When it comes to traveling with our pets, an ounce of prevention is worth a pound of cure.
Philadelphia, PA (PRWEB) July 27, 2011
Vacations aren’t just for two-legged travelers anymore. Traveling with pets has become increasingly common - 18 percent of U.S. adult leisure travelers now usually take their pets with them on trips, according to the U.S. Travel Association. But excursions on planes, trains and automobiles with our four-legged friends can take some planning and preparation. Petplan, America’s top rated pet insurance company, has developed some guidelines to smooth the proverbial bumps in the road.
“When it comes to traveling with our pets, an ounce of prevention is worth a pound of cure,” says Dr. Jules Benson, vice president of Veterinary Services at Petplan. “The most important piece of advice is to prepare thoroughly before considering whether to travel with your pets. Should a veterinary problem arise while you are on the road, the last thing you want to have to do is waste precious time trying to get medications refilled or locating an emergency vet in an unfamiliar area.”
If you decide to travel with your furry companion, Petplan offers these additional tips for a safer and easier trip:
- Use the vet finder at http://www.gopetplan.com/find-a-vet to scope out local veterinarians ahead of time, including emergency clinics.
- Ask your regular veterinary hospital to make a copy of your pet’s recent medical history to take with you – some facilities may even be able to give them to you electronically on a CD or USB device.
- Consider making a special collar tag for traveling that has either the phone number of where you will be staying and/or your cell phone number so that if your pet wanders off, you are immediately reachable. Additionally, ensure that your pet’s microchip details include your cell phone, and not just your home phone number.
- Make sure you travel with enough of your pet’s regular food to last a few days beyond your anticipated stay – a sudden change in your pet’s diet could cause gastrointestinal issues.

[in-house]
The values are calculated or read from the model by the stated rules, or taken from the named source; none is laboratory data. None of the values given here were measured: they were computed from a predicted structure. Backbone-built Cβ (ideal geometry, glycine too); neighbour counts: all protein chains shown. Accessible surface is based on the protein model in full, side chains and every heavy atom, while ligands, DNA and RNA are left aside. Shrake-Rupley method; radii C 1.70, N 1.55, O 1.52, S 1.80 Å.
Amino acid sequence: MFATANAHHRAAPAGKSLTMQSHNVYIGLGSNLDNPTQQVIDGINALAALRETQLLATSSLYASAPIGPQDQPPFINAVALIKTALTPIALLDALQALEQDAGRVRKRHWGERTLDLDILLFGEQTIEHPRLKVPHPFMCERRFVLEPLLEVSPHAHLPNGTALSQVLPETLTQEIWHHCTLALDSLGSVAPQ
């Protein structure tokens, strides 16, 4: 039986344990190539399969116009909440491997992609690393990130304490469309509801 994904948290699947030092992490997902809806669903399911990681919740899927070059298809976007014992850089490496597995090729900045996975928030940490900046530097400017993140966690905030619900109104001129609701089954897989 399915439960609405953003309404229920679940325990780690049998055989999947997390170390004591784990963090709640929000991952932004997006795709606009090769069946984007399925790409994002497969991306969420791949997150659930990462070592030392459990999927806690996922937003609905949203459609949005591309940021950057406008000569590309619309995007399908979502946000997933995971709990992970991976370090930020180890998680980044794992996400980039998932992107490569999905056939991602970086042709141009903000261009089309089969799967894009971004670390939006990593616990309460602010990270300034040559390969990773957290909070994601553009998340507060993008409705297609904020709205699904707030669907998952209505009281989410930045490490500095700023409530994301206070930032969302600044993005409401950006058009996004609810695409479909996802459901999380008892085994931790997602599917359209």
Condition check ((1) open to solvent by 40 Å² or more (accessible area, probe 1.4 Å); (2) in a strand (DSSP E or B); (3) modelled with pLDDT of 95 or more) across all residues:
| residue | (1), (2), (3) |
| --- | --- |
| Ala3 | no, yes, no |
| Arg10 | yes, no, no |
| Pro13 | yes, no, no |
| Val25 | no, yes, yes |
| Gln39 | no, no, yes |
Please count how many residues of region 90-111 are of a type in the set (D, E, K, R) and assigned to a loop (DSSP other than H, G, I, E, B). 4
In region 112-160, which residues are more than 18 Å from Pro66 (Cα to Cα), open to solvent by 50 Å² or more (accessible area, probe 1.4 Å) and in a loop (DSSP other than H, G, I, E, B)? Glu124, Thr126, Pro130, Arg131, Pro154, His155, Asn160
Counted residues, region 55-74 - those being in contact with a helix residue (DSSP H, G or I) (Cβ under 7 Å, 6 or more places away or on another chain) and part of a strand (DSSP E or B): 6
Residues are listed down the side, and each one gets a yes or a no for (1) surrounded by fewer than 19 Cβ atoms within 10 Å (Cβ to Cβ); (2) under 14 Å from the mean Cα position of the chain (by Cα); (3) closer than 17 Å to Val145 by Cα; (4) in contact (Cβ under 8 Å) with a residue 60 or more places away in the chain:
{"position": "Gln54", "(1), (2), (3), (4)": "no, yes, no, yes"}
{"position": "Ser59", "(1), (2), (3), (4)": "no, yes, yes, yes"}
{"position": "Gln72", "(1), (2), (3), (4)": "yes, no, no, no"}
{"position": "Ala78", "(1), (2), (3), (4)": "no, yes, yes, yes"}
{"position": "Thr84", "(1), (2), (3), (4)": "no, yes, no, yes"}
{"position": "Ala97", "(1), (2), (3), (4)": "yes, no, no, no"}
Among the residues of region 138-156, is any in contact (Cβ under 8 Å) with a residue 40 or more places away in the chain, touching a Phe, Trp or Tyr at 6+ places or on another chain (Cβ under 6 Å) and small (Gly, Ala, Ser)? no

- If your pet needs any medications, take extra care to ensure you have enough to last a few days beyond your anticipated stay. If you think you may run out before you are due to return home, make time to get your pet’s meds refilled before you leave.
- Consult with your veterinarian before you leave about diseases or problems that may be more of a risk in the areas you plan to travel. For example, Leptospirosis can vary from region to region, and Lyme disease is prevalent in the Northeast.
- If you plan on crossing state lines, schedule a trip to your veterinarian before traveling to get a health certificate – law enforcement officials may ask to see a certificate if you are travelling from one state to another.
These tips are no substitute for a discussion with your pet’s veterinarian, but hopefully they will provide some guidance before you hit the road. For more information about protecting your pets on the road and at home, please visit http://blog.gopetplan.com/.
About Petplan Pet
As America's top-rated pet insurance provider, Petplan, through one or more licensed insurers, offers customizable policies to meet any coverage requirements and budget for pets of all/any age. The policies offered by Petplan cover all hereditary and congenital conditions for the life of the pet – without dollar limits per condition. For information, visit http://www.GoPetplan.com or call 1-866-467-3875.